Owning a home is – and should be – a goal for many people. It’s a feeling of pride to own a piece of the American dream. It’s more than a place to call home. Birthdays are celebrated, dinners are served and gardens are laid out. If purple walls are the decor of choice, no permit is required, just some paint and sweat likeness. However, too many people associate home ownership with investing. So if extra dollars are found in the budget, “invest” them by paying back the mortgage. That has to stop.
First, consider a few things that a homeowner or home buyer should be doing.
1. Homeowners should have at least 20% equity in their home. For new buyers, this will likely mean a 20% deposit. Meeting this minimum capital target will ensure that owners are never submerged in their home, except in extreme circumstances. It’s not good to be underwater in a purchase, but certainly never one the size of a house. Failure to pay a minimum of 10% deposit can mean that a buyer may not be willing to make a purchase.
2. Buyers should be able to get a minimum of five years’ commitment to a home when purchasing it. Yes, life happens and circumstances change – it’s inevitable. However, if a buyer knows they will be moving across the country in three years, they should rent.
3. Homeowners should have a fixed rate mortgage. One of the main financial benefits of home ownership is the ability to control future housing costs. A home payment of $ 1,400 today will be equal to a fixed rate mortgage 12 years from now. Don’t agree to an ARM or balloon loan with the idea that you have been long gone as it may not be. (My wife and I swore we would only be in our house for five years – that was 16 years ago!)
These recommendations seem like conservative guidance when it comes to home ownership, and that’s fair. However, this cautious approach also supports the earlier recommendation for homeowners to stop prepaying their mortgages. Here are the reasons why.
First, financial decisions are determined by the allocation of valuable resources, and for most, their resource – income – is not unlimited. This writer has seen many people pour extra money into their home payments every month because they thought it was a wise investment. At the same time, they didn’t fully exhaust their retirement plan at work (assuming they even had a retirement plan at work), or they had a car payment or student loan that they were still paying back.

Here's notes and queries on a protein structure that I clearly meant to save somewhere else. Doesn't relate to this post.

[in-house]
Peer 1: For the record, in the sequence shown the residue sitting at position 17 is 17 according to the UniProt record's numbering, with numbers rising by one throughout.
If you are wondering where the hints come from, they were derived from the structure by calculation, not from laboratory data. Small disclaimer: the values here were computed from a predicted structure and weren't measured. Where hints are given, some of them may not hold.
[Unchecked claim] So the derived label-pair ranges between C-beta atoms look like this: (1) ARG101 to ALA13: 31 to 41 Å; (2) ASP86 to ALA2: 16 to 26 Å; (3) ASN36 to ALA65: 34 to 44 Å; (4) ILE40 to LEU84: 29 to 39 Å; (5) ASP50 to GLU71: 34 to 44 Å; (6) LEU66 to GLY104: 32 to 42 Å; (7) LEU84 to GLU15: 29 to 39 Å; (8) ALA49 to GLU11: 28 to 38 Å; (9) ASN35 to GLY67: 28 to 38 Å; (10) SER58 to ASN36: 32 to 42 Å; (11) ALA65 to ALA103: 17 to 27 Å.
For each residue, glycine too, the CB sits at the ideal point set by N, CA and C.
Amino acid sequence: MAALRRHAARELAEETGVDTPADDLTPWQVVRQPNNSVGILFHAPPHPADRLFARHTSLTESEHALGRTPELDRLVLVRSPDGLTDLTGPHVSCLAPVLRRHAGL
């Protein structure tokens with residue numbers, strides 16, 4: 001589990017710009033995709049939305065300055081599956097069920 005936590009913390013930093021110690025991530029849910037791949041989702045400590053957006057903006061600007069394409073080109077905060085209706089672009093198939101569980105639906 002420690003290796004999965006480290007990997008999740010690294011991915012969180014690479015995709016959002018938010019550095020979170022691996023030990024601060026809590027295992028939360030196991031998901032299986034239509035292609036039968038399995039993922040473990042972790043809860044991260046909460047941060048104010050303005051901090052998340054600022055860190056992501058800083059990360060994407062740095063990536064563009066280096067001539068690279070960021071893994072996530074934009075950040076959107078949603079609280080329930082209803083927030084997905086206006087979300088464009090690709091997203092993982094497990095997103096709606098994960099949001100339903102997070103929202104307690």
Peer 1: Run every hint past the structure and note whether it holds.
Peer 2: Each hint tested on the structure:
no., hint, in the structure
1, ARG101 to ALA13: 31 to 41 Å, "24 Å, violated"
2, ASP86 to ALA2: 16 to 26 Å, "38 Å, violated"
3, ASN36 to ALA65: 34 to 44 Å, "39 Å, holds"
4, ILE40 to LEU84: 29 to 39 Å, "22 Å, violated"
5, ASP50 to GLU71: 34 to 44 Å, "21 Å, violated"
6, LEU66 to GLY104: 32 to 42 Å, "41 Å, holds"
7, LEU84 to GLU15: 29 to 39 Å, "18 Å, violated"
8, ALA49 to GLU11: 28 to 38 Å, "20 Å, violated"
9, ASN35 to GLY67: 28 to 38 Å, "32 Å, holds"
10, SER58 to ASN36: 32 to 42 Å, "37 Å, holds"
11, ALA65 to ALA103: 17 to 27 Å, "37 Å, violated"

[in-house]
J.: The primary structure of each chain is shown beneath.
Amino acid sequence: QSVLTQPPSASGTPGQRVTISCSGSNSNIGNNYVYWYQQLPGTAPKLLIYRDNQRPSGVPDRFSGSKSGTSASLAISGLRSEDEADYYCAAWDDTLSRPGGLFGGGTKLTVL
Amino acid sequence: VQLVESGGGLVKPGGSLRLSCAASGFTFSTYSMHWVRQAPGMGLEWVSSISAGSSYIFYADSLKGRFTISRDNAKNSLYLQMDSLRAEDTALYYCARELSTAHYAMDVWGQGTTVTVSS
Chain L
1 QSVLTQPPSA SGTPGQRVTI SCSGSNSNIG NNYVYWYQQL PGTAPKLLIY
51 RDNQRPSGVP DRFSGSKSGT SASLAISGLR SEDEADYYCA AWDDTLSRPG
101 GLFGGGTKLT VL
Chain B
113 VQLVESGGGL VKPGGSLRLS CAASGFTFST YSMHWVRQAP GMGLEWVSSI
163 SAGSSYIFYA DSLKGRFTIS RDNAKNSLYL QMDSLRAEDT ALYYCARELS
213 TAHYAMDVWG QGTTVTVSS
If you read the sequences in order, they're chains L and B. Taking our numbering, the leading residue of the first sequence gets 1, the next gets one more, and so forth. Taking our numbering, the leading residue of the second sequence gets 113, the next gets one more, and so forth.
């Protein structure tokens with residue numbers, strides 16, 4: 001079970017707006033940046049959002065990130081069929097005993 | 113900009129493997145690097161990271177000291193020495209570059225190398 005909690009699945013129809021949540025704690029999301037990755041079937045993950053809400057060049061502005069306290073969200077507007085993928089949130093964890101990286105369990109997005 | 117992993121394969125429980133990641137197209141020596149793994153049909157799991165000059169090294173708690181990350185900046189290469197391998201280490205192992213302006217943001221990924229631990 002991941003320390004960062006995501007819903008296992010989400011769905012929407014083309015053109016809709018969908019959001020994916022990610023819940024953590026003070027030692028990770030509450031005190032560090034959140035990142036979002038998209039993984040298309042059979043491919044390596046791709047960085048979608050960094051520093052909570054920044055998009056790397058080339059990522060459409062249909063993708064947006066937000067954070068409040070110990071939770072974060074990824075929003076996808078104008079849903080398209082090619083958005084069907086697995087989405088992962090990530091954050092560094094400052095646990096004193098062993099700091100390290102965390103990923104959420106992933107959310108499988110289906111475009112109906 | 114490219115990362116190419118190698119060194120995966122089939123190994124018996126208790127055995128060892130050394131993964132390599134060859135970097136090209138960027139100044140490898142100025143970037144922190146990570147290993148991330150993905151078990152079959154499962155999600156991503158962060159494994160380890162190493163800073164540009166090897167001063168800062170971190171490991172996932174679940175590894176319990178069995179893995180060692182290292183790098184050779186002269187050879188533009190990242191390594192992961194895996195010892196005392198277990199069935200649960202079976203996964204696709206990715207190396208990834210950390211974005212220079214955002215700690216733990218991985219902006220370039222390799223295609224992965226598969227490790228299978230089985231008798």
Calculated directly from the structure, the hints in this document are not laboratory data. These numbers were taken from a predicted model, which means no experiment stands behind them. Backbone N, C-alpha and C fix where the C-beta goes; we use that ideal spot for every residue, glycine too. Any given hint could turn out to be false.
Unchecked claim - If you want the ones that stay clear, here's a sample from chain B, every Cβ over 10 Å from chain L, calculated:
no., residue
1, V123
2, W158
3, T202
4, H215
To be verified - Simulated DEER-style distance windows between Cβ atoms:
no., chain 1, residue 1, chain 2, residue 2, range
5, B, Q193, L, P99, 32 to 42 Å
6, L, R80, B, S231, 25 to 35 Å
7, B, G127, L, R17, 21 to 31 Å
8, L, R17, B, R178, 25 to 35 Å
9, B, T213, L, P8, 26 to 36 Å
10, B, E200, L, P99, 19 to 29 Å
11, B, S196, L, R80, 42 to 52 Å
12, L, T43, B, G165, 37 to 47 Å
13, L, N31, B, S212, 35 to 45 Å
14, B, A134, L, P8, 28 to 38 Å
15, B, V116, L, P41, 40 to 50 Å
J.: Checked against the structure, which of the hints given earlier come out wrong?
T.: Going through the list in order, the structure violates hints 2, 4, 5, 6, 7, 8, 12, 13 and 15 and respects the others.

Second, a fixed rate mortgage offers some inflation protection. Inflation has been tame for many years, but in case no one noticed, the government pumped trillions of dollars into the economy last year. Inflation is one of those things that seems to be fine and under control – until it is no longer. Inflation may remain in check, but if it rises for a period of time, borrowers will win if they repay the loan with cheaper dollars.
Finally, a fixed rate mortgage offers positive leverage. When a home is valued at $ 300,000 and gains 3% in value in the first year, the owner’s net worth increased by approximately $ 14,000, including appreciation and principal, although only about $ 72,000 in down payment and mortgage payments in the first year Were “invested”. Tying $ 300,000 into an “investment” that historically brings back a little more than the rate of inflation is not a great investment.
As a consultant, I remind people, “When you retire, you can’t take a piece of your paid gutter to the grocery store and trade it for groceries – they’re going to want money.” So people need to focus on investing in assets, which enable future cash flow. It takes time – usually decades – for these assets to grow, and that time cannot be replaced by future savings. In other words, save and invest as much as you can, but remember that your home is not a piggy bank.
Tim Sullivan is the owner of Clarity Financial LLC, a paid consulting firm in Columbia, CFP practitioner, and a member of the National Association of Personal Financial Advisors. He has been recognized as an Enrolled Agent by the IRS.